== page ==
“I’m a really nostalgic person. I think all the time about how I wish I could still be in high school, but then I remember that high school was one of the worst things of my life.” (Bethany Cosentino of Best Coast in The Boston Globe)
What Ms. Cosentino expresses, straight-forwardly, above is elucidated beautifully by Jeffrey Eugenides in his debut novel, The Virgin Suicides. It is perhaps my new favorite book about adolescence, striking in its honest portrayal of what it feels like to grow up a sensitive young-adult male; the romantic and lustful yearnings, the cowardice, and the larger-than-life scale that everything feels experienced in; how great feeling and meaning can be drawn from every moment, even from the mundanity of looking out your bedroom window. The suicides themselves serve a key literal function in the novel, as they represent the depths to which the Lisbon girls will themselves to go to escape the world and all its flaws, but something about the description of post-suicide life in the Michigan neighborhood rang familiar to me, someone whose life has been blessedly free from the tragedy of suicide. I believe this is because much of the book reads like a sort of ode or elegy to youth. The book doesn’t completely romanticize the process of growing up (for the young Lisbon girls are driven to kill themselves), but much of what’s written about in the novel feels coated with a film of nostalgia, of longing for time’s impossible return. To read the novel’s suicides as metaphor for the parts of ourselves that inevitably get killed off at a certain point, early in our lives, really enriches the reading experience. Not even acknowledging the metaphor at play here, though, the book is an elegant work, filled with wonderful and expressive sentences and characters.
There are passages in this novel so lovely that I had to stop myself and re-read entire pages. Every word written about Old Mrs. Karafilis, a woman who feels mystically linked to the suffering of the four Lisbon girls in the year after their youngest sister’s suicide. The passage where the Lisbon girls speak (for the first time, really) to the chorus of boys who, as men, narrate the novel, over the telephone, through the music of their record player. Trip Fontaine, the school’s Don Juan, being taught chivalry by his father and his gay lover. The brief mention of a secret kiss shared between boys, to taste of a Lisbon girl’s lip-balm, stolen, if I’m remembering correctly, by a boy who worked for girls’ father. A night of passion between Lux Lisbon and Trip, in the grass of the football field’s end-zone, and his feeling immediately after of indescribable disinterest (“It’s weird. I mean, I liked her. I really liked her. I just got sick of her right then”).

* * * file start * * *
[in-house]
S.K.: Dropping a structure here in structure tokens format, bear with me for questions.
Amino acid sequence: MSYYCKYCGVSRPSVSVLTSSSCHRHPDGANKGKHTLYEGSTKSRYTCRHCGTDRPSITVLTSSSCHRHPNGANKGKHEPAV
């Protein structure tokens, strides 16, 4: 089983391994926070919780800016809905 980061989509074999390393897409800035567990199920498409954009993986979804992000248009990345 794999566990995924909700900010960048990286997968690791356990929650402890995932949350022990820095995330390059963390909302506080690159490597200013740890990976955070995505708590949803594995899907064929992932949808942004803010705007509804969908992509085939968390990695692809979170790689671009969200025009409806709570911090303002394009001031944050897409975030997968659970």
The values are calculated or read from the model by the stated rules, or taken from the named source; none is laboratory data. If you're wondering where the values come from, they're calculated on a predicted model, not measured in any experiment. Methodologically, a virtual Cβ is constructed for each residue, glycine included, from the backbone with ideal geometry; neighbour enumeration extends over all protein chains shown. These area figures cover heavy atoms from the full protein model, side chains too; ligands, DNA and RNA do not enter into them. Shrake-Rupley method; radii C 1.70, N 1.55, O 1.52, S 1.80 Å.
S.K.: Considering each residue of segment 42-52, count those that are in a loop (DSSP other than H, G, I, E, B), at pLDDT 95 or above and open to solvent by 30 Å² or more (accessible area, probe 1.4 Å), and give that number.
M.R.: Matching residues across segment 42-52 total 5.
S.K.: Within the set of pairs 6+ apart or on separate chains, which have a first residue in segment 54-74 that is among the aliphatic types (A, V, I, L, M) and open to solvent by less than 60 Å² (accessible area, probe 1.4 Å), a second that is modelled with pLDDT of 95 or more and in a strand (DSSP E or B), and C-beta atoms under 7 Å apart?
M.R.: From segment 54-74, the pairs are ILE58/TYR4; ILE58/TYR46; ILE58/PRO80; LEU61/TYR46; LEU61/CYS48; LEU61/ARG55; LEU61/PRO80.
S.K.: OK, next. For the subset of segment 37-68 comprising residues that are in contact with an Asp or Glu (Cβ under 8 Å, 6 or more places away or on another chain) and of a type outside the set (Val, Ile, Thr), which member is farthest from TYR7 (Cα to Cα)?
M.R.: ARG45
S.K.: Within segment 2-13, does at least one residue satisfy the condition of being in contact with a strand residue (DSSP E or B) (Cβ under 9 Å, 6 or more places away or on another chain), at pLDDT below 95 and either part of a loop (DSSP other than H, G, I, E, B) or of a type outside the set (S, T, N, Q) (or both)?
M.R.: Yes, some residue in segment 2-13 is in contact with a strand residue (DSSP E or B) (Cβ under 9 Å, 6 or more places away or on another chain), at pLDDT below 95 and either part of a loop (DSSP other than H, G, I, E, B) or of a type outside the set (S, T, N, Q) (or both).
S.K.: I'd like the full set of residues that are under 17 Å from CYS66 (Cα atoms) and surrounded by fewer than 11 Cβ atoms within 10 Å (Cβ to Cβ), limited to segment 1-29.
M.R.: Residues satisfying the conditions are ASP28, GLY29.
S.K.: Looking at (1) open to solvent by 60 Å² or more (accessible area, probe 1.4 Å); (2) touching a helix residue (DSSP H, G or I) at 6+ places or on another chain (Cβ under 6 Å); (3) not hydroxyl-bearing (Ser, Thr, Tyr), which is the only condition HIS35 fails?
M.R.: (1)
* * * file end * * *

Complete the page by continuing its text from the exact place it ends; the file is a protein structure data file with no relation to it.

The group of boys who narrate The Virgin Suicies reminded me, vaguely, of the sexless narrator of Jeanette Winterson’s Written on the Body. The books definitely share a theme of obsession. The strong allure of the Lisbon girls loosens only slightly as the years go on. TVS gives an impassioned account of events retrospectively, decades after they’ve taken place. Feelings are often described in the past tense, but just as the memory of the Lisbon girls’ refuses to pass with their bodies into oblivion, so too, I feel, do those feelings from youth; desire, freedom, and a longing for innocence, purity without chastity.
Towards the end of the book a lot of attention is given to figuring out why the girls killed themselves, which reveals one of the book’s major questions: How much can you ever really know another person? The men who narrate The Virgin Suicides spend a lifetime analyzing artifacts (“Exhibits #1 through #97”) from the lives of the Lisbon girls, and, in the end, feel as though they really know nothing.
Ms. Perl, a journalist for the neighborhood’s newspaper, uses the Lisbons’ tragedy in controversial, factually- and morally-corrupt articles and essays. The first-person plural narrator writes disdainfully of Perl and her investigative tactics, but isn’t she no more or less guilty of misrepresentation than the boys, grown into men now, who idealized (and idealize still) the Lisbon girls out of proportion? The boys, who worshipped at the altar of the Lisbon home, blind, for a long time after, to the ugly parts of the girls’ inner and projected selves? Which leads to another of the novel’s seemingly-unanswerable questions: How much truth do we distort in our attempt to know another person? How much are our personal relationships grounded in self-deception?
I plan on reading The Virgin Suicides again, a promise I make to myself, after finishing a great book, often, but fulfill rarely. This time, I just know that I’ll want to return to this book’s world to remind myself of what it felt like to grow up when I did, which is a remarkable achievement of the novel because my turn-of-the-century Connecticut sea-town is greatly different from 1970’s Grosse Point, Michigan. Much of the emotion (the pleasant and the painful), though, given such graceful depiction in the pages of The Virgin Suicides, couldn’t be more similar to what I remember carrying inside me throughout my time in high school.
- I played this cover during my reading of the book’s final twenty pages. (I took my time with this book.) It’s a song about death, with intimations of failed suicide attempts, written by an artist (Vic Chesnutt, who took his own life earlier this year) whose music I should admit to not knowing a great deal about. It made for a fitting companion to the ending of this harrowingly lovely book.